Compare that to the kind of bandwidth a voice call uses and yes I have long said that the light bulb went off in someones head domestically when they realized the cost/benefit ratio of text messaging.
Overseas, I think they are a few years ahead of us in terms of volumes of text messages sent and received.
Of course, my kids could write their own white paper on "who can send the most text messages in a one month period"...
Luckily, we have unlimited texts on our plan.

BlitzenZeus
Burnt Out Cynic
Premium
join:2000-01-13
kudos:3
Which is why its insane that they charge so much per message.... it used to be used only for the old voicemail systems, now they want to make a huge profit from it. Amazingly consumers can't stop texting when they are an insane price. I don't like to use sms at these prices, I rarely use sms, but even on prepaid the cost of one sms is the price of one minute of talking, wtf...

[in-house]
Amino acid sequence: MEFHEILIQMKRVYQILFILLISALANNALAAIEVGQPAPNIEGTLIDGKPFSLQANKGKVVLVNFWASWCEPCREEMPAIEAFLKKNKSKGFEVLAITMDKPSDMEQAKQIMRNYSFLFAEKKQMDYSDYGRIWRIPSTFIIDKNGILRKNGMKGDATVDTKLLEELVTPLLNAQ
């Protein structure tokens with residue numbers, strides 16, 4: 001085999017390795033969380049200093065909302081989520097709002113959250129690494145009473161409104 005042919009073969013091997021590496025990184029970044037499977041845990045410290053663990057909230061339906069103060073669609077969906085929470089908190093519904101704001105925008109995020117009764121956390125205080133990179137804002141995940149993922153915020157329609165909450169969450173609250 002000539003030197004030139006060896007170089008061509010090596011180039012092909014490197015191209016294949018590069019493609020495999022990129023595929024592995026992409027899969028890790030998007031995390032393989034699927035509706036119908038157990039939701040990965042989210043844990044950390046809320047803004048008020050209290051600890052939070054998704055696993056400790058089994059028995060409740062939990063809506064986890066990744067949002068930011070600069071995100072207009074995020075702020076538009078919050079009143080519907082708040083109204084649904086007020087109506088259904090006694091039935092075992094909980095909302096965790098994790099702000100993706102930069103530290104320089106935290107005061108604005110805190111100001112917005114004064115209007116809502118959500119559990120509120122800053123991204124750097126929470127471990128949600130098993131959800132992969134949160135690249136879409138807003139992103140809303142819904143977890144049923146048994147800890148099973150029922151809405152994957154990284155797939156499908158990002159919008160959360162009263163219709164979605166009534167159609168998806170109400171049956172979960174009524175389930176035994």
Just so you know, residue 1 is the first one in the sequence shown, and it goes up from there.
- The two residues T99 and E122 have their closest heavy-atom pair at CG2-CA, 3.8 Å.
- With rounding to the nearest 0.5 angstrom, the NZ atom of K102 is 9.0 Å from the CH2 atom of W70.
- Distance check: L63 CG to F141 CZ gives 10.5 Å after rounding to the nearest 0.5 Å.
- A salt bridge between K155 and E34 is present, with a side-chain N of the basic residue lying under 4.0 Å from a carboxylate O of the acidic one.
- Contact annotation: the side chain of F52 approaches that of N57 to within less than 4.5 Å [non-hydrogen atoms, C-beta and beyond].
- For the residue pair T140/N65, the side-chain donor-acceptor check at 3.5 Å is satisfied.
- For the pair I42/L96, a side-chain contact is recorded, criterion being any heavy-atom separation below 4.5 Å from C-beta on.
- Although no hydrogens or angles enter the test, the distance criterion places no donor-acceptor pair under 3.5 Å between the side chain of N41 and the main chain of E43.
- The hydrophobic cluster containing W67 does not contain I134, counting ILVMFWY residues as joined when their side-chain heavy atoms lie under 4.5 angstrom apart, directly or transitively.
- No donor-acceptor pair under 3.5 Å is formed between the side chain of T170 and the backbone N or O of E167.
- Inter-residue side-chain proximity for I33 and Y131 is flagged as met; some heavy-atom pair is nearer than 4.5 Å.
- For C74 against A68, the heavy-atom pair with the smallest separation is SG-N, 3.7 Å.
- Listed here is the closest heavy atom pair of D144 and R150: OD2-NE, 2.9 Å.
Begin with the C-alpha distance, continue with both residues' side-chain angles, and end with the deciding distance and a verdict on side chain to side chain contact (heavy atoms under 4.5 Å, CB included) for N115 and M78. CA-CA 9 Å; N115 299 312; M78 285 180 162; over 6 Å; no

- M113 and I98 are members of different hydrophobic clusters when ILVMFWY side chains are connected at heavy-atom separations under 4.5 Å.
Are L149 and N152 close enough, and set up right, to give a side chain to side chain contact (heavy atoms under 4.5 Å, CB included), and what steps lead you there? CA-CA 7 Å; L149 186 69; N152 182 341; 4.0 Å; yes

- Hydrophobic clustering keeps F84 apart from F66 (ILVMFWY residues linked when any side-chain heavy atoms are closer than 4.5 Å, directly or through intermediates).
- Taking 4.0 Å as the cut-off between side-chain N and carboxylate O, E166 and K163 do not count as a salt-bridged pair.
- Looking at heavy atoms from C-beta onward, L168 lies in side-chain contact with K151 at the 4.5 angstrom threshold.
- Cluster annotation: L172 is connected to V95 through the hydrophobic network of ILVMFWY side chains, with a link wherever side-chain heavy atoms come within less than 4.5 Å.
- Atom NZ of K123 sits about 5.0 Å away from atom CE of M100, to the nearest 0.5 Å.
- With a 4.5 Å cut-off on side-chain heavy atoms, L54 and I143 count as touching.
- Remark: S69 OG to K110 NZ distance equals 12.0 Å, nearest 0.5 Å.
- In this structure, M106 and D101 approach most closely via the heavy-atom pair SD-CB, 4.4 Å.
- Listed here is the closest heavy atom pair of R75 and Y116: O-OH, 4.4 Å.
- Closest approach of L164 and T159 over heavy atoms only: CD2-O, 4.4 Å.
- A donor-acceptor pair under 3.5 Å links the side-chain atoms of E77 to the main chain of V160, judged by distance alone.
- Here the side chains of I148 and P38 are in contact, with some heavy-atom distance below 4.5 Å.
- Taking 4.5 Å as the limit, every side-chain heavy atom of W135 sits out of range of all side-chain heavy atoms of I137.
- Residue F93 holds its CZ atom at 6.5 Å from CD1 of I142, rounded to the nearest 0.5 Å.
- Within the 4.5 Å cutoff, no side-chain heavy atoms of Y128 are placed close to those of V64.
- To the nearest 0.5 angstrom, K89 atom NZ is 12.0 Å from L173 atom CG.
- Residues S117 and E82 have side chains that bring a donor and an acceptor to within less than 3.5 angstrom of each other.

jefe
Premium
join:2001-05-19
Northport, NY
As usual....the law of supply & demand prevails.

We don't text message much, but for a younger generation, sms is probably the main reason to have a cell phone.

It reminds me of someone at 3M realizing they could actually sell left over paper scrapes from other processes and call them...sticky notes.


NY Tel
Premium
join:2004-04-09
Smithtown, NY
kudos:3

1 edit
reply to BlitzenZeus
Actually I did an experiment (I have a company issued Sprint Blackberry and my wife has a Verizon Wireless Blackberry)and we have discovered PIN to PIN massages which on Verizon, do not count as sms but go against the unlimited data plan she has. For me on Sprint, I think they lump them in as sms.